TTAB Dismisses Section 2(e)(3) Petition for Cancellation of SWEDISH FIRESTEEL for Fire Igniters
Petitioner Ronald W. Fontaine sought to cancel a registration for the mark SWEDISH FIRESTEEL for "hand-operated fire igniter in the form of metal sticks with a holder and a tin, and hand-operated fire strikers" [SWEDISH disclaimed] on the ground that the mark is primarily geographically deceptively misdescriptive under Section 2(e)(3). Fontaine's petition went up in smoke, however, when he failed to satisfy the second element of the Section 2(e)(3) test. Ronald W. Fontaine v. Light My Fire, AB, Cancellation No. 92051304 (January 12, 2012) [not precedential].
A mark is primarily geographically deceptively misdescriptive if "(1) the primary significance of the mark is a generally known geographic location; (2) the consuming public is likely to believe the place identified by the mark indicates the origin of the goods bearing the mark (i.e., that a goods/place association exists), when in fact the goods do not come from that place; and (3) the misrepresentation would be a material factor in the consumer's decision to purchase the goods."
Prong 1: The Board agreed with Petitioner that the primary significance of the mark SWEDISH FIRESTEEL is geographical. The addition of FIRESTEEL to SWEDISH does not detract from the primary geographic significance of the mark.
Prong 2: The second element of the test raises two inquiries. As to the first inquiry - whether consumers will believe that the goods come from Sweden - Petitioner offered no evidence.
[P]etitioner has not proved that consumers associate the country of Sweden with the type of goods of respondent. The sole evidence petitioner can point to in the record is respondent’s admission that the Swedish military uses fire starter devices. This, by itself, is insufficient to establish a goods/place association.
As to the second inquiry under Prong 2 - whether the goods come from Sweden - Petitioner argued that because the "only essential part" of Respondent's device is not made in Sweden, then the entire product should be considered as not originating in Sweden: "Specifically, respondent contends that the flint rod is the 'only essential part' of respondent’s fire starter device because it is impossible to produce a spark in the absence of pyrophoric metals or ferrocerium."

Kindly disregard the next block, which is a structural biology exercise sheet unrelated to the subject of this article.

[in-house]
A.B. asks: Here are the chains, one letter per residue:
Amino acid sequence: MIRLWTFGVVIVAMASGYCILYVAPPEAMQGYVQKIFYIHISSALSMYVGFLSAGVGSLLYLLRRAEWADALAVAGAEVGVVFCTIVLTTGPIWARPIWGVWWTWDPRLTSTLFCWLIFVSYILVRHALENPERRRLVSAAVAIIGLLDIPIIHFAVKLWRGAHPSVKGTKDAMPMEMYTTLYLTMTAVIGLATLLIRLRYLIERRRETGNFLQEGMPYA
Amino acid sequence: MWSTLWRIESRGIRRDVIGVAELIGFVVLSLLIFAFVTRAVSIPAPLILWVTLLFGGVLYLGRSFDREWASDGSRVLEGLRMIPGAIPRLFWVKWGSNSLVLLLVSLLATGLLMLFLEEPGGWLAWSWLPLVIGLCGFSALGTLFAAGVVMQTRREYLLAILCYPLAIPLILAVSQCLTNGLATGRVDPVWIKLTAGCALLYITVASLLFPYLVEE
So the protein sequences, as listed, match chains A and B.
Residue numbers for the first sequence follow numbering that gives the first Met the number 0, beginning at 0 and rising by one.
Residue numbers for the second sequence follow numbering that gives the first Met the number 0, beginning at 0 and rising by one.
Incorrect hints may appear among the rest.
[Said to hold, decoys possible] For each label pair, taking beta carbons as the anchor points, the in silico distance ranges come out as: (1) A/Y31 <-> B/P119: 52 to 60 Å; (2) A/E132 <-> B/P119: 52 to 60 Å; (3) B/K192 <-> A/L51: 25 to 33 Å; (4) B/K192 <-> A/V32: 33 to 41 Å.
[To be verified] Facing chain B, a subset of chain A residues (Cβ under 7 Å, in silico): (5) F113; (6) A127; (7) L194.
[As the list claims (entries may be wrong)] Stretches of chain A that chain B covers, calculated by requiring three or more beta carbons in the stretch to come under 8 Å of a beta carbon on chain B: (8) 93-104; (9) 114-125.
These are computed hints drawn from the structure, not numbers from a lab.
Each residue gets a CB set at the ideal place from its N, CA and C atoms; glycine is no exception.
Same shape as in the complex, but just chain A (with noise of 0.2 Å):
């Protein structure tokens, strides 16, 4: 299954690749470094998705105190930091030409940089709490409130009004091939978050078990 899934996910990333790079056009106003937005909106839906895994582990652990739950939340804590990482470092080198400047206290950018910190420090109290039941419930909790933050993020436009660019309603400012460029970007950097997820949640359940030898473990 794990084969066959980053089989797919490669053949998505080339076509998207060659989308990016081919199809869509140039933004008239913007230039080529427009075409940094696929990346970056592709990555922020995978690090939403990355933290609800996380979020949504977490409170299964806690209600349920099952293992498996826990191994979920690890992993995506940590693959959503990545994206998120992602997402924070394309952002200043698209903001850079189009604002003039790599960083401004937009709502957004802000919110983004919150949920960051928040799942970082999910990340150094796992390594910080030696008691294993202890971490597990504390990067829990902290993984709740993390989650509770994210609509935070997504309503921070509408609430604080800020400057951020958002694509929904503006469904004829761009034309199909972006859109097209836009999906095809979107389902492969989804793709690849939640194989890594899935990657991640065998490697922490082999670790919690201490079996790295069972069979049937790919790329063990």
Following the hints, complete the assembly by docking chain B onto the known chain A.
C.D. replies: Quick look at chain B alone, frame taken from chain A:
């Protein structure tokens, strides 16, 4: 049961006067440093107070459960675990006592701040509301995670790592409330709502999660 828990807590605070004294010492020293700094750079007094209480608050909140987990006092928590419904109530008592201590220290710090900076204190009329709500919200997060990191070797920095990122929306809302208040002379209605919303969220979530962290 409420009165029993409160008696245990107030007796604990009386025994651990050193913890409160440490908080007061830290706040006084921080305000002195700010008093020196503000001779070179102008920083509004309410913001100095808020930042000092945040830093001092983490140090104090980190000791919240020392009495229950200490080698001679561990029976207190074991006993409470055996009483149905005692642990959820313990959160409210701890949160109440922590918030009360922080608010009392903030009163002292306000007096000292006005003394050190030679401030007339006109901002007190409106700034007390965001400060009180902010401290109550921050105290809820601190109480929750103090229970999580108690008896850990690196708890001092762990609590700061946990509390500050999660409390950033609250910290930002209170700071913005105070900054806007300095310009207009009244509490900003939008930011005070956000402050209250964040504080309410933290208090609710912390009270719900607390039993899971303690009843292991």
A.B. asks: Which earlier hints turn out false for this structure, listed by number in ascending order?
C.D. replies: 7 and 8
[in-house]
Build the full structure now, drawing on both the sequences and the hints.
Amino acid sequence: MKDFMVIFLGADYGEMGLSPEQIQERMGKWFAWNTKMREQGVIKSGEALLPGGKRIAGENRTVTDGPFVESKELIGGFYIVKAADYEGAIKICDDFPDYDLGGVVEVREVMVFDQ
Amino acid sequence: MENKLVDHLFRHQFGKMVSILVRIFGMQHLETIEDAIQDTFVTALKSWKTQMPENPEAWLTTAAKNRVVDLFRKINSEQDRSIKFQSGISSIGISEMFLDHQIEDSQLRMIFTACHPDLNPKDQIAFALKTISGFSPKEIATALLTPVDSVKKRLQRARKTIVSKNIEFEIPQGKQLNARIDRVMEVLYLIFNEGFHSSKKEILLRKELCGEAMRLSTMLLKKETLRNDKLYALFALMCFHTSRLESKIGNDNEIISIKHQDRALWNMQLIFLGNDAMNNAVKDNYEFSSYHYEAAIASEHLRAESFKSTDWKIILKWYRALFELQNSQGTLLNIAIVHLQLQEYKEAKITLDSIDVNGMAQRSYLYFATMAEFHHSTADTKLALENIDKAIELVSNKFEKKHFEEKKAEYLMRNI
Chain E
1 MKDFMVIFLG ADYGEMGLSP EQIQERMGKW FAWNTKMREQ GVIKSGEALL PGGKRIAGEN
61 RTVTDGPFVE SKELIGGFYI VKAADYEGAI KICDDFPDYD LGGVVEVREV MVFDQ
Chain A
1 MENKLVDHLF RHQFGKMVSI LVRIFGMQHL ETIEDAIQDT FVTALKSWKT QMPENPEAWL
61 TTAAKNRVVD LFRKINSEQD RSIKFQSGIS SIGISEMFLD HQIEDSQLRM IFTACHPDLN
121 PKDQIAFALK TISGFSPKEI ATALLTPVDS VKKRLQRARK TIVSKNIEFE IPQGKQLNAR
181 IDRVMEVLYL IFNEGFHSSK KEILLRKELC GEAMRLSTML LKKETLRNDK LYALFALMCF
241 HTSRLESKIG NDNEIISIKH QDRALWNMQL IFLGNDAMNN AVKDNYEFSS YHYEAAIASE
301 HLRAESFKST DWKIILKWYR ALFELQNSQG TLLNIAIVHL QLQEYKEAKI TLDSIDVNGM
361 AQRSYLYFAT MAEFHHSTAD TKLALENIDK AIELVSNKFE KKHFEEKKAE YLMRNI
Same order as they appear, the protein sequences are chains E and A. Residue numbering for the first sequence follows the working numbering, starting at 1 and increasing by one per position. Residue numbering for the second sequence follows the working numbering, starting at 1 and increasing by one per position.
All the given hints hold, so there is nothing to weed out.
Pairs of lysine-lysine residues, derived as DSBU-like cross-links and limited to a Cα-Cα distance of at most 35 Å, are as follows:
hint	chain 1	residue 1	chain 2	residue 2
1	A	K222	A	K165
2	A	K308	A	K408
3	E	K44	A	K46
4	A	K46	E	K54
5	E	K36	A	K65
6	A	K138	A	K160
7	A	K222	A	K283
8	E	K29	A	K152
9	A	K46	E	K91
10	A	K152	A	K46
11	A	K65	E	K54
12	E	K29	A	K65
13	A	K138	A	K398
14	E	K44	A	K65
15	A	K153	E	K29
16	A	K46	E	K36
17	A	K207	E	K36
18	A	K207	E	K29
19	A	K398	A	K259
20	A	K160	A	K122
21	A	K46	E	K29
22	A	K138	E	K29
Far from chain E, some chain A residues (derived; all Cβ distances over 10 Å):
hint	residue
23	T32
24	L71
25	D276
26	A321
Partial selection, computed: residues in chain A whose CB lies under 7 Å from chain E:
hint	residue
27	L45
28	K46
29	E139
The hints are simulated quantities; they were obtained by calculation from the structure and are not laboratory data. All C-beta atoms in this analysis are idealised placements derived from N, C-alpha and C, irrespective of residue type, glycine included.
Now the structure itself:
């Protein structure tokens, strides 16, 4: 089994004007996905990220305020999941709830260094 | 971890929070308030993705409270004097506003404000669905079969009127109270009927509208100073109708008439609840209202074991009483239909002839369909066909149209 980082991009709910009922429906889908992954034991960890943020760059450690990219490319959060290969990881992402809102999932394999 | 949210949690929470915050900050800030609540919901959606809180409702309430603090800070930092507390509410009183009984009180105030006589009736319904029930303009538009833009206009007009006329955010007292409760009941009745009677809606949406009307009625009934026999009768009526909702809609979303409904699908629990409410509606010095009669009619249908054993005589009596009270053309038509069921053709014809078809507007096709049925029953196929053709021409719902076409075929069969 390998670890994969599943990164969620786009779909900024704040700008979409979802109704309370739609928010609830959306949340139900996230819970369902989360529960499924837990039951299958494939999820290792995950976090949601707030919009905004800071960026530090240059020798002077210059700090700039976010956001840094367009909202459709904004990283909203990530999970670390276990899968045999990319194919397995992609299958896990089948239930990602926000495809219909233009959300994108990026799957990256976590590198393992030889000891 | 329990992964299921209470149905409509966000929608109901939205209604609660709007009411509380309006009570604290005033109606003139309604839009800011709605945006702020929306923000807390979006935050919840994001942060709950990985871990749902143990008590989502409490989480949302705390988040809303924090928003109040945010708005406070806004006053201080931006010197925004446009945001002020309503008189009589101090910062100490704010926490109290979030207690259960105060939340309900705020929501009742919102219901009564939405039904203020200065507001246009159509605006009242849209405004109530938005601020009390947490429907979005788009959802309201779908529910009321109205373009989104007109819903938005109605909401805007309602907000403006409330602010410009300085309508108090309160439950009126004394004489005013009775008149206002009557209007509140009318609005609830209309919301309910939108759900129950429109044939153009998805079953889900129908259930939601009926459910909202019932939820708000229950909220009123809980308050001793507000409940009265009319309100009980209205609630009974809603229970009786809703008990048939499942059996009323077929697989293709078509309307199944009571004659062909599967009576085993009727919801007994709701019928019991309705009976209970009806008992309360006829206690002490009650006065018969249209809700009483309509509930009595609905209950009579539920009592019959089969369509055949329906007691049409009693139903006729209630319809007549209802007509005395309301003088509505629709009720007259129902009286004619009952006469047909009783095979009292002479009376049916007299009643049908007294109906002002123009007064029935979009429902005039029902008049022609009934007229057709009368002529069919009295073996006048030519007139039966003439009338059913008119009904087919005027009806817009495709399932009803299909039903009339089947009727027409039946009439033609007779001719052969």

The Board, however, found that each part of the device is equally important and essential, and that the five other component parts originate in Sweden: (1) striker, (2) striker handle, (3) flint handle, (4) lanyard, and (5) lock.
Moreover, Respondent is a Swedish company with headquarters, research facilities, and production facilities in Sweden. The finished (not Finnish - ed.) product is assembled in and distributed from Sweden. Therefore the Board concluded that Respondent's goods do originate in Sweden.
And so, having found that Petitioner Fontaine wholly failed to satisfy the second prong of the 2(e)(3) test, the Board declined to consider the third prong and instead dismissed the petition for cancellation.
TTABlog comment: Respondent's registration was more than five-years old when the petition for cancellation was filed [wrong! see below]. However, a registration more than five-years old may be cancelled on the ground of geographic deceptiveness. See Consorzio del Prosciutto di Parma v. Parma Sausage Products, Inc., 23 USPQ2d 1894 (TTAB 1992). [However, Parma is an old Section 2(a) deception case, not a 2(e)(3) case.]
TTABlog correction: Anne Gilson Lalonde has pointed out to me that the registration was not five-years old when the petition was filed. The Board's citation of the K-Swiss decision in footnote 1 is strange because it is simply irrelevant here: not only was the subject registration less than five-years old, but also there was no evidence that Respondent changed the geographic source of its goods after the registration issued. Furthermore, as Anne points out in her comments, it is not at all clear that a Section 2(e)(3) claim is available against a 5-year old registration!
Text Copyright John L. Welch 2012.